MF: Well, I think it’s exactly what Jack Phillips has practiced. He has not denied people’s services, gay people coming into this shop. He’s served them for years, and will continue to do so. He will serve these two guys. The parallel case that’s right behind it, Barronelle Stutzman, the florist from Richland, Washington, she served the two guys in question for nine years. So that’s, I think, exactly the mood of the American public, and the practice of the people that are really being conflicted here with the government. They have served gay people. They have served people of all races, you know, religions, etc. But they refuse to participate in a wedding which violates their conscience, because they believe, like millions of others, that God defined marriage. And to try to redefine it, marriage by the Supreme Court, well, they did it for wedding licenses. But they can’t force them to join the celebration.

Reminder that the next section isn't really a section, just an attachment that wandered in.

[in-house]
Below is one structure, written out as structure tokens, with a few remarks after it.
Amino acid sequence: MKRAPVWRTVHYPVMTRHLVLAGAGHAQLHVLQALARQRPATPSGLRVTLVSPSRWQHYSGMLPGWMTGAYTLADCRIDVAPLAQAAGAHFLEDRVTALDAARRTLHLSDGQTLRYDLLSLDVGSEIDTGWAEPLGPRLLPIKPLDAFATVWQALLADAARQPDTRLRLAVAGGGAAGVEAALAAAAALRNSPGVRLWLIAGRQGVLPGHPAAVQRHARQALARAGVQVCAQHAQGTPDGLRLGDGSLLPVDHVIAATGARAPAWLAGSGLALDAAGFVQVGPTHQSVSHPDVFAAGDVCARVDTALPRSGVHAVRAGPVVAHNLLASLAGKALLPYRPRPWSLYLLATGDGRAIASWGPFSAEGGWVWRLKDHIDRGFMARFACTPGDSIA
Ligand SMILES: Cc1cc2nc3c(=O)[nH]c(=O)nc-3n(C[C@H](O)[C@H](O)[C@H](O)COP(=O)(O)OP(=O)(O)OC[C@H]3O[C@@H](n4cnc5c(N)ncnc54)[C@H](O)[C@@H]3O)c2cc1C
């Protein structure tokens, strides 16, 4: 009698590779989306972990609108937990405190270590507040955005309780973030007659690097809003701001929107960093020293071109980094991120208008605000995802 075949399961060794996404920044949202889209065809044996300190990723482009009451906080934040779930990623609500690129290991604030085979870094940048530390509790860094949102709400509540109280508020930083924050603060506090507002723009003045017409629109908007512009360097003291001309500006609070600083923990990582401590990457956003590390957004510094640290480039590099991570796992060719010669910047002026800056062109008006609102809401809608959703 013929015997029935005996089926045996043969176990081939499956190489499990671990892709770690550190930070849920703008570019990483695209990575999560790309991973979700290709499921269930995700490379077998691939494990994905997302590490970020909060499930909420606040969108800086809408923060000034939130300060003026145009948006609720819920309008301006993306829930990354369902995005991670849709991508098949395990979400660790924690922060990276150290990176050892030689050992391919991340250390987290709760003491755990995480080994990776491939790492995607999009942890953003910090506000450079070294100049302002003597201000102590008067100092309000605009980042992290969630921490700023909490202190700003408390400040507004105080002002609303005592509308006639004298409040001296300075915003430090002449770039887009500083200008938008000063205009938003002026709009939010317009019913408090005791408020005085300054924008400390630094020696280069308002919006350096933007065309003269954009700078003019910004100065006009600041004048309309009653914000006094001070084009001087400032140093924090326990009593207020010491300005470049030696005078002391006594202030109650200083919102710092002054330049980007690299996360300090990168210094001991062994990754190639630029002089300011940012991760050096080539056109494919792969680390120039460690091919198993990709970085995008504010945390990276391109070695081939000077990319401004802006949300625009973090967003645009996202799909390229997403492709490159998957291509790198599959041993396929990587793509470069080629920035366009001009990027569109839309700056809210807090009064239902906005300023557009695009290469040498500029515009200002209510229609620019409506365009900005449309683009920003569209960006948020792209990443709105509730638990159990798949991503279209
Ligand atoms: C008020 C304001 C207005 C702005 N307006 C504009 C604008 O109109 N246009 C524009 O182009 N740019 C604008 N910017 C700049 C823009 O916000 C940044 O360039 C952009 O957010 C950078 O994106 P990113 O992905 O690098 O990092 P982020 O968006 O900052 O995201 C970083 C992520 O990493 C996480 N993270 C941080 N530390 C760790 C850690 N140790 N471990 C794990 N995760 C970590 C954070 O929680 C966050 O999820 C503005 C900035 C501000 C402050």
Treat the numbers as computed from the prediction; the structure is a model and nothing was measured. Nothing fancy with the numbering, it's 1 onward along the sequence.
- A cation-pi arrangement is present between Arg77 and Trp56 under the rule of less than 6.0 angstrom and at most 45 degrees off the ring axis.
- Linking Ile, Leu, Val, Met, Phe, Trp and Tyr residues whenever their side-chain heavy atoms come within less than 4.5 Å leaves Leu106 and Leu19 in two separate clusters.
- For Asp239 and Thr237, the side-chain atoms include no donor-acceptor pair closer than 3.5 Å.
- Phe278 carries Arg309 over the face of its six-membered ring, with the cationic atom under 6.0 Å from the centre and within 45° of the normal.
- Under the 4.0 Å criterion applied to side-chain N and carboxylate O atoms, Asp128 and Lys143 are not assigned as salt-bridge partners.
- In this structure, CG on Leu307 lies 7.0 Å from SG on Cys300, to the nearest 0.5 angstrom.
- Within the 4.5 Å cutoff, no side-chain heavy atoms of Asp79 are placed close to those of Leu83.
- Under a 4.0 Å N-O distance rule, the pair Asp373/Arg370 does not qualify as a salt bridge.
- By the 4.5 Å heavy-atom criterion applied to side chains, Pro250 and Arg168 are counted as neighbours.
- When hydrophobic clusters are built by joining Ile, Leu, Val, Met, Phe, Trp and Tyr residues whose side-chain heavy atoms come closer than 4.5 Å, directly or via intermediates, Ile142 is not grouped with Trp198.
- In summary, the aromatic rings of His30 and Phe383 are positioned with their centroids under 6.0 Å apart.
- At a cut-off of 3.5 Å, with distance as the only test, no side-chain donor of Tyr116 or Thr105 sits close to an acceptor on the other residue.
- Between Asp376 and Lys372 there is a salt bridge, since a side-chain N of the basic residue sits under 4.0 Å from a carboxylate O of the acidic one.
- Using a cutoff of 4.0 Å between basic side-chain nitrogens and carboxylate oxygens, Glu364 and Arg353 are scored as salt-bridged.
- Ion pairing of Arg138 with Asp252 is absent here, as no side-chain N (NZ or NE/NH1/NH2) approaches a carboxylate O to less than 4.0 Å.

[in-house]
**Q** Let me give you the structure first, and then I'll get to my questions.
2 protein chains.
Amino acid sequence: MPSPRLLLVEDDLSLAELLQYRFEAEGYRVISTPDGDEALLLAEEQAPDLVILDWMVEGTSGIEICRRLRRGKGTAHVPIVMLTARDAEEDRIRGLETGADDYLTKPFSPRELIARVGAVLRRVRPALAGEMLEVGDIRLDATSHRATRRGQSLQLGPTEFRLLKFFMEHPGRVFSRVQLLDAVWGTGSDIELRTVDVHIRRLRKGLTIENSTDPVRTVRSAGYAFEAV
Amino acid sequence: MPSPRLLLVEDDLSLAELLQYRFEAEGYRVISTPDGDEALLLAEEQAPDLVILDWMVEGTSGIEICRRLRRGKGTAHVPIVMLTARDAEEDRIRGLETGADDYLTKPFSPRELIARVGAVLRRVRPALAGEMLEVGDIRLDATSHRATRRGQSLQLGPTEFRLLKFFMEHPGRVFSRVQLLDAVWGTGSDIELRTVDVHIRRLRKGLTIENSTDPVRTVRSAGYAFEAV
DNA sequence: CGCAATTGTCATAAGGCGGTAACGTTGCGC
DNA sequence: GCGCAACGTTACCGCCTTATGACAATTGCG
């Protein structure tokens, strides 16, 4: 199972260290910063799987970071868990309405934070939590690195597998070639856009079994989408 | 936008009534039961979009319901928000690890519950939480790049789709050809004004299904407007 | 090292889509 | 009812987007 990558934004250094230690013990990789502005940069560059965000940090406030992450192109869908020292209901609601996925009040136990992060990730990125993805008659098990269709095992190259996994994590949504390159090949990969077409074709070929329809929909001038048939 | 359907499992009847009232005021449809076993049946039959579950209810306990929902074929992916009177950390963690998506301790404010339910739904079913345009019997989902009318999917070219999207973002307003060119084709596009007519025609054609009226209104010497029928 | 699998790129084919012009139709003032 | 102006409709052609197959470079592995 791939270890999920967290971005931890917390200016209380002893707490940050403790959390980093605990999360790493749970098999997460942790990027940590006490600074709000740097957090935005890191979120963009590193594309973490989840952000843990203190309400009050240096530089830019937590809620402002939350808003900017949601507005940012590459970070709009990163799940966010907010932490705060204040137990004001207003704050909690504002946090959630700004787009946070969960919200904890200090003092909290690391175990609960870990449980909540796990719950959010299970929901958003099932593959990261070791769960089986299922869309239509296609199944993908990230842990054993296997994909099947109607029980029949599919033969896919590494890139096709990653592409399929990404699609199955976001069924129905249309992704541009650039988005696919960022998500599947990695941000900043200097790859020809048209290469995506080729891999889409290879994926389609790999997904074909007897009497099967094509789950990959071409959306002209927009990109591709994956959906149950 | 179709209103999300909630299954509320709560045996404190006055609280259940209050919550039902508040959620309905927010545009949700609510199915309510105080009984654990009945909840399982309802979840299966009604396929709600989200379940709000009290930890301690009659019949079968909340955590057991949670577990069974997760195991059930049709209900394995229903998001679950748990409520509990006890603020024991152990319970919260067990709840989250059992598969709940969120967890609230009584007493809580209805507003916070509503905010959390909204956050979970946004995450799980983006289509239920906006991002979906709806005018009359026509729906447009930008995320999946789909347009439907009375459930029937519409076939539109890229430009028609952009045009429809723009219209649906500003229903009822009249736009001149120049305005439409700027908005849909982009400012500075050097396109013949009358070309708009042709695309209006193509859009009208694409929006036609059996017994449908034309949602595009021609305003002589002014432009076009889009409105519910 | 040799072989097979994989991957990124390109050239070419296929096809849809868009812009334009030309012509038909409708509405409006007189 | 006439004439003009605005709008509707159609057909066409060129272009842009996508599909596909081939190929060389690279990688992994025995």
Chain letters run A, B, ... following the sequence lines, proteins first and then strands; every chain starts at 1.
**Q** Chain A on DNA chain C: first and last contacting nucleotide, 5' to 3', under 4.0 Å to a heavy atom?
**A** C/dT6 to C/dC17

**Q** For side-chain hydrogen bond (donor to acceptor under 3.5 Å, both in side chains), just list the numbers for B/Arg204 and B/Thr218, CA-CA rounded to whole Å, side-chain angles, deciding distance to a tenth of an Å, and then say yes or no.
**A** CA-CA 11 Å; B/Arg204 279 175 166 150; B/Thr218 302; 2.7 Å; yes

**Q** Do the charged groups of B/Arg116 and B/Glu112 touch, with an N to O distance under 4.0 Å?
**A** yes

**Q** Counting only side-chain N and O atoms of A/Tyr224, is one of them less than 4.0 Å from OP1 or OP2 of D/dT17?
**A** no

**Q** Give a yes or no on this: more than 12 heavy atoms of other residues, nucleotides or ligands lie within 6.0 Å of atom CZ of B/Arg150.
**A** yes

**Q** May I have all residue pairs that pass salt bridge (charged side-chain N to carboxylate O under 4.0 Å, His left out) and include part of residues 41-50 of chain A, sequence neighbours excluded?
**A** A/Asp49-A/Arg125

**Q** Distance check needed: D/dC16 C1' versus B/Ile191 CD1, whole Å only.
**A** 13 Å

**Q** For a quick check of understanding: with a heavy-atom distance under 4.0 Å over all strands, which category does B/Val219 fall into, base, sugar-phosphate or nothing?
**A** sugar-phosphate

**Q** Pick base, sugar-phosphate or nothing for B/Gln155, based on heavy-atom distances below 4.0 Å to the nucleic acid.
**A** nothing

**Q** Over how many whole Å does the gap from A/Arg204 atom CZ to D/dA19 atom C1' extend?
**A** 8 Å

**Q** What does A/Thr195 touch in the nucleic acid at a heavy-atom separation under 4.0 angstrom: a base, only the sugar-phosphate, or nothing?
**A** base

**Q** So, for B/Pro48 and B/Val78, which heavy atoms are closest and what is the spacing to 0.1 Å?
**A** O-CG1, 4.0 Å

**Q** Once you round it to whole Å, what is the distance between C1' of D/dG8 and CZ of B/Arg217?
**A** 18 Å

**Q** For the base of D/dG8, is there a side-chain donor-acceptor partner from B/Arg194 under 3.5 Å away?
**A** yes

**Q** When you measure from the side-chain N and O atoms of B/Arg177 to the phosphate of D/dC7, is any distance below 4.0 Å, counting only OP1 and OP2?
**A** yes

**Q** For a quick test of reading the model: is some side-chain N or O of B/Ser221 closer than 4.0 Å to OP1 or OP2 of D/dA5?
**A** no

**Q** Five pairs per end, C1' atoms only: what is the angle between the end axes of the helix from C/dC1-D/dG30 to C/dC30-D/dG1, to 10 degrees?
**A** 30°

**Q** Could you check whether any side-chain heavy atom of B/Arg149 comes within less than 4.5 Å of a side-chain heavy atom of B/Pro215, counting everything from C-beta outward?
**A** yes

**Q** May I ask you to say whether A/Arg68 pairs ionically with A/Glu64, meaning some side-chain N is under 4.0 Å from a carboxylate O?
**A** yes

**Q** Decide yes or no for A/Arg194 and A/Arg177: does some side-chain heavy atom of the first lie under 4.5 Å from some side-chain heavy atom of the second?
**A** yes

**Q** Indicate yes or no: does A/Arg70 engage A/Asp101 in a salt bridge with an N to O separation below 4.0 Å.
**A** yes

HH: I want to point out as well about Jack Phillips, the perfect plaintiff, I’ve met Jack, and this case began in Denver. I’ve met his local counsel. It’s really kind of a remarkable case. He does not make cakes with alcohol in them. He does not make Halloween cakes. He has a consistent record dating over many years of refusing to use his artistic talents to make case and odds with his religious beliefs. Is that a fair summary?

MF: It’s exactly correct, yes. He follows his conscience, even if it costs him. And he’s willing to pay the price, but he shouldn’t have to pay the price at the hands of the government by coercing him in this kind of context.

HH: Tell us about who’s arguing this for ADF. She’s an amazing woman.